“We have had a lot of interest from U.S. investors – it isn’t philanthropic – this represents a solid business proposition. We’ll be launching our master plan in Union Station at the end of June.”
The roar of the Celtic Tiger has certainly been heard among unionist businessmen north of the border. They admire its thriving private sector, its low corporation tax (half the UK rate), its ﬁne EU-funded motorways, and its cheaper gasoline.
According to Andy Pollak, director of the Centre for Cross Border Studies at Queens University, Intertrade Ireland was the most successful of the six implementation bodies set up under the Good Friday Agreement. “There is signiﬁcant networking between businesses, and in health and agriculture,” he said. “It is common sense and it is not threatening to unionists.”
The British Army watchtowers have been demolished in Crossmaglen in South Armagh, and “bandit country” is now being spoken of as “within commuting distance” of Dublin. Property prices in the North are soaring; the Irish News highlighted the case of a house on Alliance Avenue in North Belfast. The headline surrounded a photograph of the four-bedroom red-brick. “Fourteen people were murdered in this street but now one house is worth £800,000,” it said.
The Slow Healing
On the peacelines in North Belfast, near Alliance Avenue, hard, decent work has quietly been going on for years to heal bitter divisions. Ardoyne community worker Jim Deery said people were pleased but underwhelmed by the new power-sharing deal. “We’ve already invited Margaret Ritchie [the SDLP’s minister for social development] to come and visit. We want to get away from grants and into proper investment. It’ll take a long time for the interface walls to come down, and even longer for the invisible walls. Devolution will make our road easier, but we’d have gone down it anyway.”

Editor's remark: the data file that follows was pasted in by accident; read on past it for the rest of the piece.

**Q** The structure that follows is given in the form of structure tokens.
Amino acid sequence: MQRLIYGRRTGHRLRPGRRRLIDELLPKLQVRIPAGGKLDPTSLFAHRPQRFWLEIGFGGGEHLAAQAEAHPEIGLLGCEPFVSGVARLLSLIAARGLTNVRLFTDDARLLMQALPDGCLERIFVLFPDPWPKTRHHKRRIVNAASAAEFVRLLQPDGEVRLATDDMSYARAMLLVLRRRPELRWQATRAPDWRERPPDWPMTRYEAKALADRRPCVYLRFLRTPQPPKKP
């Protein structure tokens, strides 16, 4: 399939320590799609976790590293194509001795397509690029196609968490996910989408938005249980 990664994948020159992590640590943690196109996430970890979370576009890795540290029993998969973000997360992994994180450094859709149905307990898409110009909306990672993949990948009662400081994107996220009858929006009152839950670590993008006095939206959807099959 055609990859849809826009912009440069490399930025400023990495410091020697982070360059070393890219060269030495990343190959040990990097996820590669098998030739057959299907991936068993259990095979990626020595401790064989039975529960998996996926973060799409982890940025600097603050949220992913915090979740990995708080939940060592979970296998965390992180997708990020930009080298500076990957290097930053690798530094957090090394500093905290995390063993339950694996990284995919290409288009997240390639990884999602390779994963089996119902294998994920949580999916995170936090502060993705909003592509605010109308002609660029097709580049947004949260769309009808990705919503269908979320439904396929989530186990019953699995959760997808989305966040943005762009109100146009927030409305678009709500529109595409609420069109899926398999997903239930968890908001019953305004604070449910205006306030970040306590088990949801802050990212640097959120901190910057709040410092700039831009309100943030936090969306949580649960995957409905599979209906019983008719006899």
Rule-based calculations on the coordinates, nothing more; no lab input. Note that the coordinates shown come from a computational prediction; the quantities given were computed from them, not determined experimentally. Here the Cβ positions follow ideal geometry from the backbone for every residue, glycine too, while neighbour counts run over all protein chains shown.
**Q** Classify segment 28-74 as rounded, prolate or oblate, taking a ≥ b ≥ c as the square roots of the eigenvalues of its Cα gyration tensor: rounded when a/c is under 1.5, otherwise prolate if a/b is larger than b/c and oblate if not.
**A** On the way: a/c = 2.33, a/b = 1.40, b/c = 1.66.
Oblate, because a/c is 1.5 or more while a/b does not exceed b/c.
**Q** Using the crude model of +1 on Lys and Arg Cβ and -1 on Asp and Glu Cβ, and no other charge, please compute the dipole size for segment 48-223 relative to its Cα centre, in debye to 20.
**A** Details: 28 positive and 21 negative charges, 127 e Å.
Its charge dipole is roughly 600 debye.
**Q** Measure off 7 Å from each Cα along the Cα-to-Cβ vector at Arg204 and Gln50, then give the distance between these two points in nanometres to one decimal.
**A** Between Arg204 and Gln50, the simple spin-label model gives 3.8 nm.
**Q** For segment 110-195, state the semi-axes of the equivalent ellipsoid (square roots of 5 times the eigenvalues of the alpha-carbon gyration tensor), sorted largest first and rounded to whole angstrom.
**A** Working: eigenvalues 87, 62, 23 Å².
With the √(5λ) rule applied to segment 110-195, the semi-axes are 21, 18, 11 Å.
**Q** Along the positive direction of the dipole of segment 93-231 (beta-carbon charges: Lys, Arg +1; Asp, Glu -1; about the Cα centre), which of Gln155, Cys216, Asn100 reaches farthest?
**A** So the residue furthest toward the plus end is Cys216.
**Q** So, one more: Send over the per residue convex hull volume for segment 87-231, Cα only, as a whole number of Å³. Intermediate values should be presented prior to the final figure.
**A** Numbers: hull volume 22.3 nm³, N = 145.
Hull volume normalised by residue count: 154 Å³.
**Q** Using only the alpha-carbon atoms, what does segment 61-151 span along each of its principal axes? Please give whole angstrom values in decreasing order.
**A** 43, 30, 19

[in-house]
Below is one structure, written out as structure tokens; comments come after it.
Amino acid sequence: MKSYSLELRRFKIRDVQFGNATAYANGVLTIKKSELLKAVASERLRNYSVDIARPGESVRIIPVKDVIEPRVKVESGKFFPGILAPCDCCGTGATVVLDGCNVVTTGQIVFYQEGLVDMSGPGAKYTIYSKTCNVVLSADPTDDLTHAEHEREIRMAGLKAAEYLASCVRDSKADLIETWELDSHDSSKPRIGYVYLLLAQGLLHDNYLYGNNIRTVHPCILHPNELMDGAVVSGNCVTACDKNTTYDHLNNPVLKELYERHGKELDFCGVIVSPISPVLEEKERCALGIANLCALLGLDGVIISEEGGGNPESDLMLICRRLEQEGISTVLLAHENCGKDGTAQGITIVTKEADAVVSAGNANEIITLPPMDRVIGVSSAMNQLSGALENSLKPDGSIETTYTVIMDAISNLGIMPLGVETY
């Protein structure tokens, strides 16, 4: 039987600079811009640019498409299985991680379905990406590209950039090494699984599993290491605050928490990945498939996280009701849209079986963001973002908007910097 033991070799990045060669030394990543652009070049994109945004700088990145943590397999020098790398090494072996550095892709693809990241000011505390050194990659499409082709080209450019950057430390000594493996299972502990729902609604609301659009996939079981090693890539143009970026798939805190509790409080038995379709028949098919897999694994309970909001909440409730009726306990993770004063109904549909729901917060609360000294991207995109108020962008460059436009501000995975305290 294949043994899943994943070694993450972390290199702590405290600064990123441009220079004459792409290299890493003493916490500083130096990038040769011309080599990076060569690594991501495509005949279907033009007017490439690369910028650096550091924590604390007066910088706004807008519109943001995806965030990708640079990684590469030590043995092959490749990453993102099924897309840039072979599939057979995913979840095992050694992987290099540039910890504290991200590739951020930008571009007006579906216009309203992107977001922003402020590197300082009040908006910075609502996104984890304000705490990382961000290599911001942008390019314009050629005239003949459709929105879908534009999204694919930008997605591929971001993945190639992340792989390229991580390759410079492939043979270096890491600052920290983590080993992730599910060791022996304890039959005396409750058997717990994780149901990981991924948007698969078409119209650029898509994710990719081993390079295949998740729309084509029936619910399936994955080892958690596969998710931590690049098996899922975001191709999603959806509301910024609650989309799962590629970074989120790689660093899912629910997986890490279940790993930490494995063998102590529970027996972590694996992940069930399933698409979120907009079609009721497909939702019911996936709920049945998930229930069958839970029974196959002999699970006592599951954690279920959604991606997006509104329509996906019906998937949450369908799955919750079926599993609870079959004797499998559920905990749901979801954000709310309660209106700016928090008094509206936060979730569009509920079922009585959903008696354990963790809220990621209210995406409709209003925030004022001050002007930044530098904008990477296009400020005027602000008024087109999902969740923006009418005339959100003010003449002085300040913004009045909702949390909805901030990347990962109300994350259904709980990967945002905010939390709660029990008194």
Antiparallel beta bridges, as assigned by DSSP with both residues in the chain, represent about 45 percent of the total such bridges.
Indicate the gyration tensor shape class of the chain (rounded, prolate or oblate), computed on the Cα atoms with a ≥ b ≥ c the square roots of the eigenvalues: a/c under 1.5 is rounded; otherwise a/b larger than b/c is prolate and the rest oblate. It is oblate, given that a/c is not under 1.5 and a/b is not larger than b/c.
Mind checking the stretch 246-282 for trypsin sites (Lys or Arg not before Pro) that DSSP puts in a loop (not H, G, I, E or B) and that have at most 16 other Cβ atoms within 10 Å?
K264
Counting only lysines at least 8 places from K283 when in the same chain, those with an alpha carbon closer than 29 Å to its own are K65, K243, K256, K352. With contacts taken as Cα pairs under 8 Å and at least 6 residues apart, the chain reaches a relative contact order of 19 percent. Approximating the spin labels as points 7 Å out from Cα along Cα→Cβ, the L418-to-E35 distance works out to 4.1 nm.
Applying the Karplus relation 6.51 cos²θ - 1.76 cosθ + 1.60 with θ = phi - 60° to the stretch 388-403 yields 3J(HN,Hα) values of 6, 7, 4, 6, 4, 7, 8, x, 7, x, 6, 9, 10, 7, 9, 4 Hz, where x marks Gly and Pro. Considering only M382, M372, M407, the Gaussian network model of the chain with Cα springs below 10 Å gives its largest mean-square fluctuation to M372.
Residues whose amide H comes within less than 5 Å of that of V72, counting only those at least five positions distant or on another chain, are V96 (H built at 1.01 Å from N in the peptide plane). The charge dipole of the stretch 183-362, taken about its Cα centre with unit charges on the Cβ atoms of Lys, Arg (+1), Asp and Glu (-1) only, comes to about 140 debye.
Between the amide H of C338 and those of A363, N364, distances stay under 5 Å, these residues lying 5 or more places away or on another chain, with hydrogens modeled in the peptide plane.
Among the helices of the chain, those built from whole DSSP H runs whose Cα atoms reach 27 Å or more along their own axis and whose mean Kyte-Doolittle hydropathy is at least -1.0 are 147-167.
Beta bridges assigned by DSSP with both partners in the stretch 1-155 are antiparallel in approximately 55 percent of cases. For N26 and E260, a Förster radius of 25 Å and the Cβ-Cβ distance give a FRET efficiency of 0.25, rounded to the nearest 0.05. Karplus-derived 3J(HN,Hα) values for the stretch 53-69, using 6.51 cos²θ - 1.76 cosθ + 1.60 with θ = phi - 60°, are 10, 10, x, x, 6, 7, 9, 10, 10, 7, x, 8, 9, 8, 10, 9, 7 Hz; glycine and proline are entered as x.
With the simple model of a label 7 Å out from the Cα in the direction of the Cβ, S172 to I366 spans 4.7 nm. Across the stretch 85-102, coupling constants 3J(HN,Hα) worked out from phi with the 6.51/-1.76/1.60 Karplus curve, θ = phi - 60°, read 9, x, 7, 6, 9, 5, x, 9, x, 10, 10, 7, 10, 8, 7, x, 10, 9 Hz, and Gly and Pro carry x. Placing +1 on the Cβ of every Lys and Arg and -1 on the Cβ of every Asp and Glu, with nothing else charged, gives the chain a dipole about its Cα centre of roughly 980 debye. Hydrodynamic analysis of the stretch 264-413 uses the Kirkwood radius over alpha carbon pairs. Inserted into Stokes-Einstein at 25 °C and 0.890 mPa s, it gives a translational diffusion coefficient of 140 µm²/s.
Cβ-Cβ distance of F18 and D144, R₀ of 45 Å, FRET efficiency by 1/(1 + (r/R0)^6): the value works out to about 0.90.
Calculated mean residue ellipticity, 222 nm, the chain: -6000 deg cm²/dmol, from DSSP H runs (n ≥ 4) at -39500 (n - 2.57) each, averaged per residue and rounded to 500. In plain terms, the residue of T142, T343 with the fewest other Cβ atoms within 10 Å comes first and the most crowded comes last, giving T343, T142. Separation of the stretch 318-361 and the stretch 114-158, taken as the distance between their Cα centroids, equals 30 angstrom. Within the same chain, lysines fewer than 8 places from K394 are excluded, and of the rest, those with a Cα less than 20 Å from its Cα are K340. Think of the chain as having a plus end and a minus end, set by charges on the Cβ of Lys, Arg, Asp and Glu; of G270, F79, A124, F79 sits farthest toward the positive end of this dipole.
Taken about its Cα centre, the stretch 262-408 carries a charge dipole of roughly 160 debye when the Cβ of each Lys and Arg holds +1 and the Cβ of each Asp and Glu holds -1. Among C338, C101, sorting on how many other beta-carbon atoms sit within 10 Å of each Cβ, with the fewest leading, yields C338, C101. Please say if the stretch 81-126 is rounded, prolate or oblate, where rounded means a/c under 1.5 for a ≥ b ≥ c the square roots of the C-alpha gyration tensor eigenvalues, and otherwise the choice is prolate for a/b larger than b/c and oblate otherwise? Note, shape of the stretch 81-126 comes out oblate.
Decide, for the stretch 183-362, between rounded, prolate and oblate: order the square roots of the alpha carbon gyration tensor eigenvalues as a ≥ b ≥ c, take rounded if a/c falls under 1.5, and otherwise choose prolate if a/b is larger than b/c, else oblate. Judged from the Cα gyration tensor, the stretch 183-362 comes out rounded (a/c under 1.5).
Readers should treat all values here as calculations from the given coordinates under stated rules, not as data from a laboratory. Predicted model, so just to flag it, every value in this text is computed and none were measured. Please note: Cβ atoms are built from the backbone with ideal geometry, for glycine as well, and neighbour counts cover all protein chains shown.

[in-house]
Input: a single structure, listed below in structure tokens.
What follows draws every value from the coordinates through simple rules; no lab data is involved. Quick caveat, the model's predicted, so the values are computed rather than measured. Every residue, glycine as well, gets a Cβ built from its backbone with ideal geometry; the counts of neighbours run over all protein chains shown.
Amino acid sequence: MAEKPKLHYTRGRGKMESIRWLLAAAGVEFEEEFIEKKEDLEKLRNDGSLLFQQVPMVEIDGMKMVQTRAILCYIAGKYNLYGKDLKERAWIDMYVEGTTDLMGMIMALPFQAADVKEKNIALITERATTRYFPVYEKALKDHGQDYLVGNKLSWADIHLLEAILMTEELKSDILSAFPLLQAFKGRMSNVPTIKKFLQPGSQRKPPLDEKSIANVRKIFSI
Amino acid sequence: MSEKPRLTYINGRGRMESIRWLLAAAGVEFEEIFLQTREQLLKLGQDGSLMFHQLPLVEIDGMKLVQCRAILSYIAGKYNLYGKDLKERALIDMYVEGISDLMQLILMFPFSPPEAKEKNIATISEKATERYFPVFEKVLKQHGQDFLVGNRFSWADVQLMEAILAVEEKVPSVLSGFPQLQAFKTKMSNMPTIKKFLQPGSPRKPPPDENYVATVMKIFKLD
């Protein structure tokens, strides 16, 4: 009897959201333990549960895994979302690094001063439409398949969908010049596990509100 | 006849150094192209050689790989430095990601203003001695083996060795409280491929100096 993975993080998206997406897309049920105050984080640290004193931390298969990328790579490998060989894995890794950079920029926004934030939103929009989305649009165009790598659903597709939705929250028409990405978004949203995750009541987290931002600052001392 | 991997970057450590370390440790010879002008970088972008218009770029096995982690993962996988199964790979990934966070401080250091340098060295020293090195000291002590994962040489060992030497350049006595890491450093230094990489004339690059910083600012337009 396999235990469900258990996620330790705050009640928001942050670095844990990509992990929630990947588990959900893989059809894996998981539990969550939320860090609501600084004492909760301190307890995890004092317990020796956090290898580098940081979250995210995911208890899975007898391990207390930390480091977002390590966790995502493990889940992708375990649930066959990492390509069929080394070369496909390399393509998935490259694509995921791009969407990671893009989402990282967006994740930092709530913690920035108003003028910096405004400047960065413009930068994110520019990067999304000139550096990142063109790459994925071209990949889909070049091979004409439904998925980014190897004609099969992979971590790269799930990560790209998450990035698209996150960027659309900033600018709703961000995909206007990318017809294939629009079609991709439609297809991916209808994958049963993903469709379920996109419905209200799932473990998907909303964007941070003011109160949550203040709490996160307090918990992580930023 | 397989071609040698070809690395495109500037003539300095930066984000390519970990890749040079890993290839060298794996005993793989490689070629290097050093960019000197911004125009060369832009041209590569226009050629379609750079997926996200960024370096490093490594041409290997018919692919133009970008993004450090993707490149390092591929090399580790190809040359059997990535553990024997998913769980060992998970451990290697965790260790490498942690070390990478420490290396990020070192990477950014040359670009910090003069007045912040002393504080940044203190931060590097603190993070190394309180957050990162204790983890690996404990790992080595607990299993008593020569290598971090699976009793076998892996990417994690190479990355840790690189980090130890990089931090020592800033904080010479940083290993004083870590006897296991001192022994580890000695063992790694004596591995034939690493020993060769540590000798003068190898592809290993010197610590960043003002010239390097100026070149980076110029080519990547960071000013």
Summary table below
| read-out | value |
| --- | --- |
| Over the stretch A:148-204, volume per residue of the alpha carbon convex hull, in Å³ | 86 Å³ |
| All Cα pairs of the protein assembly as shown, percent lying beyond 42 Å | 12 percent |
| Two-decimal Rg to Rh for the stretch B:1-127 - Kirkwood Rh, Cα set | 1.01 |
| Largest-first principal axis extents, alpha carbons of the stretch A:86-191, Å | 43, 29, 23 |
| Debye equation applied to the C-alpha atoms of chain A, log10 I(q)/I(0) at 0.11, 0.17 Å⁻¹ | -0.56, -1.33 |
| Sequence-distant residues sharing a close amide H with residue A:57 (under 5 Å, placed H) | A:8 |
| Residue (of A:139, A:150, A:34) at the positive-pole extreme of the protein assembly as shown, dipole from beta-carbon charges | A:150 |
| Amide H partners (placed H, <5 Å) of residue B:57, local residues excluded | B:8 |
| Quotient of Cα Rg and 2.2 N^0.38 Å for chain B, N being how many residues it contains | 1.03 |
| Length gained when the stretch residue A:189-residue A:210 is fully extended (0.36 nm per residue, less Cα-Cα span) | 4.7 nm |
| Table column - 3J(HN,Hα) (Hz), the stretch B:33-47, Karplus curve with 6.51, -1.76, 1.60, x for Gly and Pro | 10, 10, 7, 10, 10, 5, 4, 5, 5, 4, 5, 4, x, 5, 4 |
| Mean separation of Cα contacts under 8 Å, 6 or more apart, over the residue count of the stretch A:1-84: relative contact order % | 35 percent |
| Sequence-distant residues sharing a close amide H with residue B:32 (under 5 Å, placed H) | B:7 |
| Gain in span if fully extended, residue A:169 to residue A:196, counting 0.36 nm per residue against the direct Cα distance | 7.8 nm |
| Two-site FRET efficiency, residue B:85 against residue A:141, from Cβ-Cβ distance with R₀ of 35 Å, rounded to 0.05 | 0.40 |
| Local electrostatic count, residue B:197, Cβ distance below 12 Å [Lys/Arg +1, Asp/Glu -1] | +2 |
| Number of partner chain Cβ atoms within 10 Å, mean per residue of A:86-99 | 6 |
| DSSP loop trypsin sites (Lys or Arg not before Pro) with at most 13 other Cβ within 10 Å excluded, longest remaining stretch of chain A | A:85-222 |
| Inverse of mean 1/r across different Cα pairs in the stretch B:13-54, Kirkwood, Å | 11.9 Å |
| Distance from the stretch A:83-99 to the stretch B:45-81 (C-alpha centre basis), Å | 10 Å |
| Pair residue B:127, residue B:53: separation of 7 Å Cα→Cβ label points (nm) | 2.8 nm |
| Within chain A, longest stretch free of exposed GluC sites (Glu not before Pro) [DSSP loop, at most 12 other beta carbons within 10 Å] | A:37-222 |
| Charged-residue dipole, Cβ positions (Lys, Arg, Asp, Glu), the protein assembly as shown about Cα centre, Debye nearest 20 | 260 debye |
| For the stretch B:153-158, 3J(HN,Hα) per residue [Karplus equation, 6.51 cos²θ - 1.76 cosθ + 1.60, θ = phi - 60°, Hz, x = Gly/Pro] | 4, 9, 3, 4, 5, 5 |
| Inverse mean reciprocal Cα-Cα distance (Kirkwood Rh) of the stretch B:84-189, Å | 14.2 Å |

Two anniversaries this year remind us just how far the people of Northern Ireland have traveled. May 8, 2007 will be remembered as the ﬁrst day of the brave new power-sharing executive. It also marks the 20th anniversary of the slaughter of eight IRA men and one civilian when the SAS thwarted an attempt by the IRA to blow up the RUC station (police station) in Loughgall, County Armagh.
Remembrance Day in November 2007 will, all going well, probably be marked by some ﬁnely choreographed ceremonial gestures on the part of leading ﬁgures in the executive. Twenty years ago it was the day the IRA massacred eleven civilians in a bomb attack on the Cenotaph in Enniskillen.
Not all of the dead are resting in peace. There are ﬁfty or so victims’ groups, some of which are campaigning for the truth about how and why their loved ones were murdered. The truth could be unsettling – there is growing evidence that collusion between loyalist paramilitaries and the British security forces was widespread, and of a network of well- placed informers in the IRA.
The death toll from the Troubles of the past 40 years is put at 3,720 by the authors of Lost Lives, a history of the murders. However, when you take into account the broken hearts and early deaths of loved ones, it is much higher. There are also many, many lives which have been irreparably damaged. The mother of one victim told a reporter just a couple of years ago: “I’m dead.”
The last – let us hope and pray– victim of the Troubles was sixteen-year-old Catholic Michael ‘Mickybo’ McIlveen. He died of his injuries after he was set upon by a gang of loyalists in his home town of Ballymena last year. He was just four in the year of the ceaseﬁres, eight when the Good Friday Agreement was signed.
Bright Future from Troubling Past
The creation of this new, more “normal” environment did not come easily. Adams and McGuinness have worked, and have been seen to work, to bring their people with them, abandoning the armalite in favor of the ballot box alone. Well over 90 percent of nationalists who voted in the referendum on the Good Friday Agreement voted “yes.”
Yet it seemed that nothing could move Paisley. Decommissioning didn’t impress him. The declaration of “an end to the armed campaign” was dismissed – there would have to be a “testing period,” which might, according to DUP diehards, last a generation or even two. But in 2007, a mere six weeks’ delay in starting up the new regime was all that was required.
“Today we have agreed with Sinn Féin…” said Paisley, announcing the May 8 start-up date. There was, simply, nowhere else to go. The unionist people wanted devolution back. They wanted to have local ministers to lobby. They wanted a government to reﬂect the normality they were already living.